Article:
Try out some new styles and see what happens. If you’re authentic to yourself, you’ll always be a hit in Italy.
Invest in a Few Nice Pieces
The final key to packing for Italy is to relax.
You don’t need to load your bag with tons of high-fashion looks. Remember, you’re still traveling. Keep your bag as light as possible when you travel to Italy. Most of the places you’ll want to visit are hundreds of years old, and Italy has lots of six-floor walk-up apartments and hilly, cobblestone streets.
Keep your packing list small with a few stylish, quality basics that you can wear with just about anything. Create a streamlined capsule wardrobe using the tips above and you’ll be well on your way to looking Italian. Remember, well-crafted, simple clothing that can be worn at the beach or in the piazza sipping an Aperol spritz is all you need.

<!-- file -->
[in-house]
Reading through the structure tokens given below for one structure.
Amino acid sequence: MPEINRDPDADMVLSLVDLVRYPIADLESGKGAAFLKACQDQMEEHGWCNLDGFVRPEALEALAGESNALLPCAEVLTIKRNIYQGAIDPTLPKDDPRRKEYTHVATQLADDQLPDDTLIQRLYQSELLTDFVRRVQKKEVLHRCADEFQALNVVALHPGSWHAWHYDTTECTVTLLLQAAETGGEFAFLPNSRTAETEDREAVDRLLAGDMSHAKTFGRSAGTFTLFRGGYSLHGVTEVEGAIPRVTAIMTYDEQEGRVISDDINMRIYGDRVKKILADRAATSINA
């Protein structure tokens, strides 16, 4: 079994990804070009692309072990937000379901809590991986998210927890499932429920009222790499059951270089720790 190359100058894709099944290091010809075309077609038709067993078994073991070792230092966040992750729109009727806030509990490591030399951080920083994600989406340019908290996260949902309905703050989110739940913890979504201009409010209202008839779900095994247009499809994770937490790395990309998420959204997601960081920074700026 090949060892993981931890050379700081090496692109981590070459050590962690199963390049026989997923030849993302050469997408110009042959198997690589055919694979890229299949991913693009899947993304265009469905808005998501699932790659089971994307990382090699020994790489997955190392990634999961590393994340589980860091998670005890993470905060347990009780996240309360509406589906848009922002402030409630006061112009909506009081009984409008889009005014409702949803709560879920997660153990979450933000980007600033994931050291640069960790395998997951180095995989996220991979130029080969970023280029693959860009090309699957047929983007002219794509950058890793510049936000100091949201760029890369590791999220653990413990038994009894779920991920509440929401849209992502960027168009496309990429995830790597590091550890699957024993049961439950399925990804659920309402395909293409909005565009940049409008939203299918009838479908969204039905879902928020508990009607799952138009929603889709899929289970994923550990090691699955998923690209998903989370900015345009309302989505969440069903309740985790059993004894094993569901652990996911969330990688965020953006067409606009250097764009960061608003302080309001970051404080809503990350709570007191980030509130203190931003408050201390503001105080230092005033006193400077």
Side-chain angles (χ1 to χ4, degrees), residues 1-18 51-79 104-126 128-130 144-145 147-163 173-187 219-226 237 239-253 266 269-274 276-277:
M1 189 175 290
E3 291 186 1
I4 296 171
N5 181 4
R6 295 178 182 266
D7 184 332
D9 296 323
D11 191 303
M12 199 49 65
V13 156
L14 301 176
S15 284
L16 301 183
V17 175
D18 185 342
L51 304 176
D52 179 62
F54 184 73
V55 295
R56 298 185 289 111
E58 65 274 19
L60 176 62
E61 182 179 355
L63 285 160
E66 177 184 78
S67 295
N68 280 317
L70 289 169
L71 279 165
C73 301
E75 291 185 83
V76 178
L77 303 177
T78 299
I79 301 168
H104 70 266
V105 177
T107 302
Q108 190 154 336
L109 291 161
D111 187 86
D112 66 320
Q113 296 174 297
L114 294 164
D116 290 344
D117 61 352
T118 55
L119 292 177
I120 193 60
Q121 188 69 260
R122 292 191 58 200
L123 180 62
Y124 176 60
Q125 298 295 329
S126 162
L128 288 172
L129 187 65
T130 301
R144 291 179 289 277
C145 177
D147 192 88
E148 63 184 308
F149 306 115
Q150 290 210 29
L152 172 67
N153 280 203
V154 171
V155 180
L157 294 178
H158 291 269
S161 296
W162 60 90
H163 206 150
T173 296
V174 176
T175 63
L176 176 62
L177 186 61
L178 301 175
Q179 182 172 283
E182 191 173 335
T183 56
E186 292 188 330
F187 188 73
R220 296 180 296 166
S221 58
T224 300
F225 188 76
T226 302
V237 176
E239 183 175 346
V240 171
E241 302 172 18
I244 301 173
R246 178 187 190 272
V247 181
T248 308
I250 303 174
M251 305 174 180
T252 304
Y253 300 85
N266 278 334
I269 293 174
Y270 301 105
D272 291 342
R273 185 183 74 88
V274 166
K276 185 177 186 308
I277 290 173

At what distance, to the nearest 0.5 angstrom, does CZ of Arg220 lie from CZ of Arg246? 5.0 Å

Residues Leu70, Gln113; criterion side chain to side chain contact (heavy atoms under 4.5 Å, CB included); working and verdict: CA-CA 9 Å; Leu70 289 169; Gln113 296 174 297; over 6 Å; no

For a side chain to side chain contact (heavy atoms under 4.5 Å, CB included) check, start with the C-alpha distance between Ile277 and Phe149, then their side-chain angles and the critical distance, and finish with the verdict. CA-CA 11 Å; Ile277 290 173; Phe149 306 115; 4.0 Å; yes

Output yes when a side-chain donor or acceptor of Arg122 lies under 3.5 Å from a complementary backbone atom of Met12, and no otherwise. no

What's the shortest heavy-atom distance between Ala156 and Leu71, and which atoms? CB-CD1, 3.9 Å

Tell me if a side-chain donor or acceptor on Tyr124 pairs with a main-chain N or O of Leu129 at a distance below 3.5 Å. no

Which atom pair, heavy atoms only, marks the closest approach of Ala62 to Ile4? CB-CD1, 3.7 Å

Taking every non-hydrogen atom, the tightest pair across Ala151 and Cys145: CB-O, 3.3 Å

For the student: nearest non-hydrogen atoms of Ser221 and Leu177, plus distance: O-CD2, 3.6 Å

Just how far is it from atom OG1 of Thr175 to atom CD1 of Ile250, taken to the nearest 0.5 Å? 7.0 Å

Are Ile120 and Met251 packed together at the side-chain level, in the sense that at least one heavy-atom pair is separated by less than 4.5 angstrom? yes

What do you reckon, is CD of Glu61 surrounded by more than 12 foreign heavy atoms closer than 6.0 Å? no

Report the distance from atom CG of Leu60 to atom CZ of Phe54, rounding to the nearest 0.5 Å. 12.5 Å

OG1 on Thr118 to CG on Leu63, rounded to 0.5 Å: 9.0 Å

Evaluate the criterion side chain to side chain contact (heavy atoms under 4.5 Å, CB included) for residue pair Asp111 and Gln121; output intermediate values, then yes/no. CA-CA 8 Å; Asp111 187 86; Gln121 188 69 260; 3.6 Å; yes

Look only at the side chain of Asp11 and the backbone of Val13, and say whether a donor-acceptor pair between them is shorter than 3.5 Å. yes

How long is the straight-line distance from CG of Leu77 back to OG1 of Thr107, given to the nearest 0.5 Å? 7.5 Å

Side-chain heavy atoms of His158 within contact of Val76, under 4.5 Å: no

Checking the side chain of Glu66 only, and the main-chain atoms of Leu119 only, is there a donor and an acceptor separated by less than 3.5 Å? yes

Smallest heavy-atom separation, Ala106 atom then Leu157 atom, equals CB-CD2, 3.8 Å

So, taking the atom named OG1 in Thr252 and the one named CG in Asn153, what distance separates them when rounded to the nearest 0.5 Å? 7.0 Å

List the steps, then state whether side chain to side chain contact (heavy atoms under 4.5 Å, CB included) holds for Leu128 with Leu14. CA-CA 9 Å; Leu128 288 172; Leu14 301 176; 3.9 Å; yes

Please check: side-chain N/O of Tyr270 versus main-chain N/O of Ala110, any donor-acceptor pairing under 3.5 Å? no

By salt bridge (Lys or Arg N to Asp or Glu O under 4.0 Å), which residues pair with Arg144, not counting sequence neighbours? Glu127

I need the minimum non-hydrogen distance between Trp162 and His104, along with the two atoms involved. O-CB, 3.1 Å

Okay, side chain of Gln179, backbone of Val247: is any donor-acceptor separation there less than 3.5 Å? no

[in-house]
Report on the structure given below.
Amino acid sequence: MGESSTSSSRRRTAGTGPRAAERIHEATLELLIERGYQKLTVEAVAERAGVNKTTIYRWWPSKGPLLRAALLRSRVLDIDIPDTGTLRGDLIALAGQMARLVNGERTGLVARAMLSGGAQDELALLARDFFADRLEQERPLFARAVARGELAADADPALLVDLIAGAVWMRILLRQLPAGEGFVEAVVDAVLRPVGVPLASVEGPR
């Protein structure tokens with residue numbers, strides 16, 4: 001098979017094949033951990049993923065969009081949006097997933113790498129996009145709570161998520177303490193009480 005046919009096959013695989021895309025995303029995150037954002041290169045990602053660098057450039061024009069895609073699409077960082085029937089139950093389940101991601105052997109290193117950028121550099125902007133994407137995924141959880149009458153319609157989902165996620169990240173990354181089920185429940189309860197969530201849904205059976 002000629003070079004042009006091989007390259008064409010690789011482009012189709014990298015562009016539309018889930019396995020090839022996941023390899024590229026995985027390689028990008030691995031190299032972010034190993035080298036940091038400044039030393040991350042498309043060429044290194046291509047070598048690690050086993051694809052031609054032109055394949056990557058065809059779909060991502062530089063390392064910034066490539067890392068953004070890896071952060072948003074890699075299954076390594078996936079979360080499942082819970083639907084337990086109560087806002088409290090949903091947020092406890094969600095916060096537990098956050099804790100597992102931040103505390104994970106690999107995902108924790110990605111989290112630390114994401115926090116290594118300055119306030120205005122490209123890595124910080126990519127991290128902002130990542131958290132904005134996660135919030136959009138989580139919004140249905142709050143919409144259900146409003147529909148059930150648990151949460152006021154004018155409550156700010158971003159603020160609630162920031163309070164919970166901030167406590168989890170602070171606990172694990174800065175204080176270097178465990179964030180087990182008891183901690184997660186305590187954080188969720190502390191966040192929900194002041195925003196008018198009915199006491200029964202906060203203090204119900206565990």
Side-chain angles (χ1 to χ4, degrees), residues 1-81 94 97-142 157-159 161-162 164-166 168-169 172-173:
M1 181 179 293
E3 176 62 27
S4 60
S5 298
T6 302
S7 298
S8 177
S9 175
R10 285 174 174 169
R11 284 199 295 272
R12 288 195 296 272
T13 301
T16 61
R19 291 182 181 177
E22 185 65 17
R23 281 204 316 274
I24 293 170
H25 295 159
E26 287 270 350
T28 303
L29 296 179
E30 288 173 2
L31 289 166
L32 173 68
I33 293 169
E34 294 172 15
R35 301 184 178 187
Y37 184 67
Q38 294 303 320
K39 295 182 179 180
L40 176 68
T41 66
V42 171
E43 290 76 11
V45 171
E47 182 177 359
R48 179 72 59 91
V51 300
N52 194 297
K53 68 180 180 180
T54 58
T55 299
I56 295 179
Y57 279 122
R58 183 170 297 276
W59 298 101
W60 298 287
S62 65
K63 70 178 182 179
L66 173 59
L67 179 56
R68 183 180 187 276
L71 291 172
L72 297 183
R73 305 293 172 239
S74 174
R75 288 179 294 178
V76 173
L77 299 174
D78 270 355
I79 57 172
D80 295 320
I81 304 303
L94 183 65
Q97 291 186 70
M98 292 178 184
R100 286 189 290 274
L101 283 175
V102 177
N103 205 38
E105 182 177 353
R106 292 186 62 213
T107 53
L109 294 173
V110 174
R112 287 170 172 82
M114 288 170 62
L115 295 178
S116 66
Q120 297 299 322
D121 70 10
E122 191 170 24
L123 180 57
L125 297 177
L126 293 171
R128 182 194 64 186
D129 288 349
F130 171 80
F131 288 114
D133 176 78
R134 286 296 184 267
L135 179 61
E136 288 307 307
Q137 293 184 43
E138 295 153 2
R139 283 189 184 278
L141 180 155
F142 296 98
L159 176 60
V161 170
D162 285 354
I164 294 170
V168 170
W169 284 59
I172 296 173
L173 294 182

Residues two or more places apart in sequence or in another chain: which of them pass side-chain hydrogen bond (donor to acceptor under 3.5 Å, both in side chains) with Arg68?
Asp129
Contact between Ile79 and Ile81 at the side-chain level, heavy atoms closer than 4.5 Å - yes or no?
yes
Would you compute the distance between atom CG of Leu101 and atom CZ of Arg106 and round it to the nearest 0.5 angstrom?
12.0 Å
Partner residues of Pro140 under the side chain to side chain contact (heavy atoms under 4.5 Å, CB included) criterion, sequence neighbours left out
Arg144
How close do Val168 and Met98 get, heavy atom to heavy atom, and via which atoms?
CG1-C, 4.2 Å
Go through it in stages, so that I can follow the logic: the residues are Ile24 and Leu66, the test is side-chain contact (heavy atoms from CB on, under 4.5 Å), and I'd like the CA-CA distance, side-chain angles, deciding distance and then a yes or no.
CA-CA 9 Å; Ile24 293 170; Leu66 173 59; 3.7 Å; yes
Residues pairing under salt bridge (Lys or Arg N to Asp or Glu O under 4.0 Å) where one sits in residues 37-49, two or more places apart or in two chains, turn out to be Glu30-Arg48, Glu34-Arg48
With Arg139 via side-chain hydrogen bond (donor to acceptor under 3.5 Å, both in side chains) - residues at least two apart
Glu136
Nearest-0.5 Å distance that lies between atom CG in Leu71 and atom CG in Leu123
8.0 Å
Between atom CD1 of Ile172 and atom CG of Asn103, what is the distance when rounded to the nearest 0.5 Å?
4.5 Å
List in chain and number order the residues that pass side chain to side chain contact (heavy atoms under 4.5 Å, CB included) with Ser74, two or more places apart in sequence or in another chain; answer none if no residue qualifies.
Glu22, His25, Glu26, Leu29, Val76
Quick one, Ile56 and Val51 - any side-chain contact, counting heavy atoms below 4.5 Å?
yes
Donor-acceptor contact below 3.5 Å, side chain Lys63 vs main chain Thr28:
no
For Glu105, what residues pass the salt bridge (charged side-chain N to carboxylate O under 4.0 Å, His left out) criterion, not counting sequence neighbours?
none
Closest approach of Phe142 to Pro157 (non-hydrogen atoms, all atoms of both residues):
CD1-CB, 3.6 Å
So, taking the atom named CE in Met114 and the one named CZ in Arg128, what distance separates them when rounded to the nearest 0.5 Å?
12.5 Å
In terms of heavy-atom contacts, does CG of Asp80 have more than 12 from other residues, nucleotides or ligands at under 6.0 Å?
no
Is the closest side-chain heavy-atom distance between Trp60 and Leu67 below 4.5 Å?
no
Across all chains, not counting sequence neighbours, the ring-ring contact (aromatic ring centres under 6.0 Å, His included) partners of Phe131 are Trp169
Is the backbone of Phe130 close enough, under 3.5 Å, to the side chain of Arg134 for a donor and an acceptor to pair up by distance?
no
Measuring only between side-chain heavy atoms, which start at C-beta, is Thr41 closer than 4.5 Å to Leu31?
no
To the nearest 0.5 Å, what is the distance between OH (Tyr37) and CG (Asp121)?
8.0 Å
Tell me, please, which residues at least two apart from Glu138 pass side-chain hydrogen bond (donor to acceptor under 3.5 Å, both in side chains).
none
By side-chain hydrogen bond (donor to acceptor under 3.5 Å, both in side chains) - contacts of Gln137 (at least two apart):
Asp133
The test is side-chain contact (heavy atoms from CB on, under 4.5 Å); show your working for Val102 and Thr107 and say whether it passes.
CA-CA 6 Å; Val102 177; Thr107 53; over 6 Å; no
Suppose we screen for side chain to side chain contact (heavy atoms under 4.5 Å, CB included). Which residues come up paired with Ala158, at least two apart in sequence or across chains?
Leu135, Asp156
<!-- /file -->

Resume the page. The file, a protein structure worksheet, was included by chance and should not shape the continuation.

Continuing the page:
Not sure if you’re bringing too much? Lay out all of the clothes you’re thinking of packing. Does everything go together? Can you mix and match most pieces for multiple looks? Remove items that only go with one other piece and sub in a couple of do-everything basics like stylish travel pants and merino shirts to handle most of your day-to-day looks.
The key to Italian fashion isn’t looking like you just stepped off the runway. The trick is to look as good as that old man walking to the corner or the impossibly chic barista making your coffee. If you look like them, you’re doing great.
What Not to Wear in Italy
While Italians are notoriously relaxed about certain things, they can be a bit dismissive if you look out of place. Plus, Italy is more fun if you try a little to blend in. You might actually soak up a little of il dolce vita if you walk a mile in another man’s Italian loafers.